The Loom

The New Yorker Gets Infected

I just noticed that in the new issue of the New Yorker Michael Specter has written an article on the viruses in our genome. I wrote about this research in the New York Times a year ago. I haven’t had a chance to read the article through yet, but I was mortified to come across this line…

Until recently, the earliest available information about the history and the course of human diseases, like smallpox and typhus, came from mummies no more than four thousand years old. Evolution cannot be measured in a time span that short.

What happened to the New Yorker’s legendary fact-checking staff? Scientists can make important observations of virus evolution in their labs in a matter of weeks. HIV evolved from a chimpanzee disease to a human one over the past few decades. Perhaps Specter meant something more specific than “evolution,” like the evolution of human beings and their viruses over the past few million years. But that’s a charitable interpretation.

Anyway–let me know what you think of the piece.

Update: Wed. 11/28 4:20–Having read the piece, I must say it’s very good. It gets into a lot of cool experiments and the even cooler implications about how viruses may have shaped us. Some of the wording could have been made more precise, like the sentence I cited above, but having struggled to convey this sort of material myself, I shouldn’t be casting too many stones. I am also a bit confused by the ending, in which a scientists claim that HIV is driving the evolution of resistance mutations in humans and that resistant humans will acquire viruses in their genomes that will mark the creation of an entirely new species. I can’t tell if he’s saying that a reproductive barrier will emerge between the resistant humans and other humans, or if the resistance genes are supposed to simply take over the world population through selection. No matter which he means, speciation doesn’t work that way.


  1. #1 Jeff Harrell
    November 27, 2007

    I guess it depends on what you mean by “evolution.” I think it’s safe to say that HIV mutated. But “evolution” implies larger-scale, more significant changes over time in response to external pressures. In particular, the term “evolution” when used casually implies speciation, which doesn’t really happen to viruses at all in any meaningful sense.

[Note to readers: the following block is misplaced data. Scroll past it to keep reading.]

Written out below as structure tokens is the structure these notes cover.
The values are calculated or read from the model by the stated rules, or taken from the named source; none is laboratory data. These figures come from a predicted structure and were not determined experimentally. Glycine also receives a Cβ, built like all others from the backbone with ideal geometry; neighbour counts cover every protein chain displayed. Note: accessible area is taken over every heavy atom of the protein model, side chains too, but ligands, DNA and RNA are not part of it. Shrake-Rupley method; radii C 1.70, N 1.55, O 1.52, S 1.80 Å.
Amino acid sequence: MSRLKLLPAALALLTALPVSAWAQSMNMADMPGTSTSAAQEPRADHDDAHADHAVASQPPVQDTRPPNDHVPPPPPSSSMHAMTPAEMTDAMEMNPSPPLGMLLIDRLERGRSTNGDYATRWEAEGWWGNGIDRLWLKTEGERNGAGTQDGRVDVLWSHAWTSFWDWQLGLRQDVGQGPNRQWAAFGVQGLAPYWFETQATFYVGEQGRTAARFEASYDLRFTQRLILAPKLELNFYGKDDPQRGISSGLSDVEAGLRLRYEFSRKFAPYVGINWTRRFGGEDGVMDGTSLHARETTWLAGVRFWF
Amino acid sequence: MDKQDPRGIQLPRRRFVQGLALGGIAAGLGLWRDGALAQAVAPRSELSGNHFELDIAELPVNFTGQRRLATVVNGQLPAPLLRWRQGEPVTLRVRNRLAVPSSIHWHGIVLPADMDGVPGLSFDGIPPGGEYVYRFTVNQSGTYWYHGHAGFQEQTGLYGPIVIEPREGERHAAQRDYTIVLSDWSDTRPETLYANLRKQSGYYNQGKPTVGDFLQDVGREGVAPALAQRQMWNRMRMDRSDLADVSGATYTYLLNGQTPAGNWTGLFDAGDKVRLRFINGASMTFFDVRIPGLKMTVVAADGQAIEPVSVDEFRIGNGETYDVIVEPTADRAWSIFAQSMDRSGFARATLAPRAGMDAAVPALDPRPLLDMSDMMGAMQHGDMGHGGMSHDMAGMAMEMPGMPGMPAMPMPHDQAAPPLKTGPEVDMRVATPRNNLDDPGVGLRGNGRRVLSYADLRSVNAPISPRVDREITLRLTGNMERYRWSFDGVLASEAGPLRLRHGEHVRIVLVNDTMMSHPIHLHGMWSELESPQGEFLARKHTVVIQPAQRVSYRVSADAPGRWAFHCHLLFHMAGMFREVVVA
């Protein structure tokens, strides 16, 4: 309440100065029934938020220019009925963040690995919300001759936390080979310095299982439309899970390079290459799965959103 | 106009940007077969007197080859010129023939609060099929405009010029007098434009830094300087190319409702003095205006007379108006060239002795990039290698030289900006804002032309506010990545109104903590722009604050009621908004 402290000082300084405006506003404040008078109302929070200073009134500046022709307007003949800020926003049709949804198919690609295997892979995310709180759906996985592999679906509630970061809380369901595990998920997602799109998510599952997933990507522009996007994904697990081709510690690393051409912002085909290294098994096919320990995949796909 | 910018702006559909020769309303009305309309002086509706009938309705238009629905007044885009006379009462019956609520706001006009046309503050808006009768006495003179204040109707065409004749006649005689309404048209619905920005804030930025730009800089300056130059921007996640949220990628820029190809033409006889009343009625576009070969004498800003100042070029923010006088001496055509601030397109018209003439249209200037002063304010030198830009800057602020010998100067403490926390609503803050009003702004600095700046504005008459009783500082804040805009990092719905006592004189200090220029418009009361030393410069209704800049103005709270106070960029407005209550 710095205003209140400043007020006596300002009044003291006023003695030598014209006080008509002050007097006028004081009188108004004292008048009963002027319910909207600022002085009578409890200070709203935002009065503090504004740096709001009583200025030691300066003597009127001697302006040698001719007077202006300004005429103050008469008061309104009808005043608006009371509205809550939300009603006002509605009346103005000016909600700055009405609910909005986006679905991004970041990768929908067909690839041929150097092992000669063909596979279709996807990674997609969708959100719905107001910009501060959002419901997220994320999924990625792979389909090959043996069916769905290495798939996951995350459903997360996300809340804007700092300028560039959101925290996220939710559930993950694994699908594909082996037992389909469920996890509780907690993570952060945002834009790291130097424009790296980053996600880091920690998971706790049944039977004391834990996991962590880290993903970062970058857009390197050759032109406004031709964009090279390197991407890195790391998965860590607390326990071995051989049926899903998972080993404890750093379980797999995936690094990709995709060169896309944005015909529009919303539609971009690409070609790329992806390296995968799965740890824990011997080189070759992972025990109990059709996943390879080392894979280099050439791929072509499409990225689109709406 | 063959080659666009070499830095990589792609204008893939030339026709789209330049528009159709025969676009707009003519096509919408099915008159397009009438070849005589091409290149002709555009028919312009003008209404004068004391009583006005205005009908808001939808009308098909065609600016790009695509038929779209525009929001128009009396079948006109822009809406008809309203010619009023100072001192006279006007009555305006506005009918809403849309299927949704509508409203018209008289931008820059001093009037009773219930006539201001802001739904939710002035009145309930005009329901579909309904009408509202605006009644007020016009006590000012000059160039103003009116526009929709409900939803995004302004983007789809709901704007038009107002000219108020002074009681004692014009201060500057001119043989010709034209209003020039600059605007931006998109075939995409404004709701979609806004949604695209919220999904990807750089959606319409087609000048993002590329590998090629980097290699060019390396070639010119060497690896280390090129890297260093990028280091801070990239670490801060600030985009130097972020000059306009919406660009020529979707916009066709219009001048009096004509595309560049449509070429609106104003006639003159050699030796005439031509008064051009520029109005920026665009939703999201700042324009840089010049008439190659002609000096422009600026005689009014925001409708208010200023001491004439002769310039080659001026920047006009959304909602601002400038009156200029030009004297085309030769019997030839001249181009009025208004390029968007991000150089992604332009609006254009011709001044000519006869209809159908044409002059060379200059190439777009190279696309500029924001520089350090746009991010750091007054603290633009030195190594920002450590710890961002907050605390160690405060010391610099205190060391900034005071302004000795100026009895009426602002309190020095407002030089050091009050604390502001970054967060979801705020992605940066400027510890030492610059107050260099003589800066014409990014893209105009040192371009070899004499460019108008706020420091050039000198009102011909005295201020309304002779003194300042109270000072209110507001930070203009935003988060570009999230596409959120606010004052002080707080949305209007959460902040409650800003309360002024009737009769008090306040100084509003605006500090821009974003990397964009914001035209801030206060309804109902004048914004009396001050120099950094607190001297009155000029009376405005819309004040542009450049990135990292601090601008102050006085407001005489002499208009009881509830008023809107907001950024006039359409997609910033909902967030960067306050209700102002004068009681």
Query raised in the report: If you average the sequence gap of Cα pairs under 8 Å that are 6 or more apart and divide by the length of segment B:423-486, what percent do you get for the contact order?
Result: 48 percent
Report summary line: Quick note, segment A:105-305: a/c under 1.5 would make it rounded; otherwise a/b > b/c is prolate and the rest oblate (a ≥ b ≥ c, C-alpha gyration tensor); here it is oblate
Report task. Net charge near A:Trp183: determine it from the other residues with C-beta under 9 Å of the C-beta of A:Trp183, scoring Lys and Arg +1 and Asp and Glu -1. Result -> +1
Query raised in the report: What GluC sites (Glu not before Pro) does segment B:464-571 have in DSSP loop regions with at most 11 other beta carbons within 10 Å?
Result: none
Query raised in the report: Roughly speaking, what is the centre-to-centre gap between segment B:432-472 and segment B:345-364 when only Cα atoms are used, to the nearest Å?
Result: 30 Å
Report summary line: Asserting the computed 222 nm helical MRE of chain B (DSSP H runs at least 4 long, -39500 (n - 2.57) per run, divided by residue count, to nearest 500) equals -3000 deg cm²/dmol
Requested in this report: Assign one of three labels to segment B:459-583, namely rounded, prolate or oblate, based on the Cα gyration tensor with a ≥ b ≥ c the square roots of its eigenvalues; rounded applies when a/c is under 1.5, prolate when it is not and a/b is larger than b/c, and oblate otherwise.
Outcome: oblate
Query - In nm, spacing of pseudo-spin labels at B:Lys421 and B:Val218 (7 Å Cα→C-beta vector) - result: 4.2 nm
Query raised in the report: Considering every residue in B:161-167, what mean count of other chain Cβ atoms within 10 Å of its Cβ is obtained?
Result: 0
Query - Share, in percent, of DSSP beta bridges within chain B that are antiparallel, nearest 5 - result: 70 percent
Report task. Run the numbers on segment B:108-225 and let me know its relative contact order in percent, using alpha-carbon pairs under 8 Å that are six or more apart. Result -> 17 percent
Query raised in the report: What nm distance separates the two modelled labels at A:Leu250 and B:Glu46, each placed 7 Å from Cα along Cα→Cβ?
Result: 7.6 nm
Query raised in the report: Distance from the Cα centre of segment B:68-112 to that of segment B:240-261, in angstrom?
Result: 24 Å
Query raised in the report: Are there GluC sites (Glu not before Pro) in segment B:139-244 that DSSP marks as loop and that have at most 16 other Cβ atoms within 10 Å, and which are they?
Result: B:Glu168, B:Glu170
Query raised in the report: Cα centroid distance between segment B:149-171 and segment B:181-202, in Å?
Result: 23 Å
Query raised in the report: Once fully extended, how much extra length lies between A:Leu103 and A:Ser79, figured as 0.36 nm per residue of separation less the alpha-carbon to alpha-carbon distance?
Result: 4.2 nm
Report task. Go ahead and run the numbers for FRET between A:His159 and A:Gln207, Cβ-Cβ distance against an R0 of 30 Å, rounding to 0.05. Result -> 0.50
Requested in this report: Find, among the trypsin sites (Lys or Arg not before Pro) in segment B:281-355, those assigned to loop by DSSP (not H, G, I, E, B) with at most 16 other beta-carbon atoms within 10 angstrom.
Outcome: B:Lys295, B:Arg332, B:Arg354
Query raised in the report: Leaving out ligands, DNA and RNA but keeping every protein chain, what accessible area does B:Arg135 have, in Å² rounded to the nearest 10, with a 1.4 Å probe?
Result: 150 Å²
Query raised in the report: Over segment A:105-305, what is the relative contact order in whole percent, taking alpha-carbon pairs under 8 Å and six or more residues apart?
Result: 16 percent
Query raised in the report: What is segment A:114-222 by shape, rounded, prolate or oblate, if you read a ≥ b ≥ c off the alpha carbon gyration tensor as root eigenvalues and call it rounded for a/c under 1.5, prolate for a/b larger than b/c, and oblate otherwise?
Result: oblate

It’s undeniably true to say that you can’t describe human evolution over a span of 4,000 years. The signal large-scale adaptations to external pressures gets lost in the noise.

    For instance, is the presence of CCR5-delta 32 in some people of European extraction evolution of the human species? Or is it just an example of genetic diversity within our species? I tend to go with the latter.

  2. #2 Joseph j7uy5
    November 27, 2007


    I read that article last night, and choked on the same sentence that you noticed. The rest of the article is pretty good, though. Unfortunately, there are a couple of little disconnects that could be confusing to some readers, and that indicate that Specter does not have a complete grasp of the subject.

    BTW, “evolution” just means “genetic change.” The term does not imply anything about the extent or nature of the change. It is a common misconception. If a new gene shows up, that’s evolution … even if the new gene does not do anything that we can discern.

  3. #3 qetzal
    November 27, 2007

    The full paragraph reads:

    Darwin’s surprise almost certainly would be mixed with delight: when he suggested, in “The Descent of Man” (1871), that humans and apes shared a common ancestor, it was a revolutionary idea, and it remains one today. Yet nothing provides more convincing evidence for the “theory” of evolution than the viruses contained within our DNA. Until recently, the earliest available information about the history and the course of human diseases, like smallpox and typhus, came from mummies no more than four thousand years old. Evolution cannot be measured in a time span that short. Endogenous retroviruses provide a trail of molecular bread crumbs leading millions of years into the past.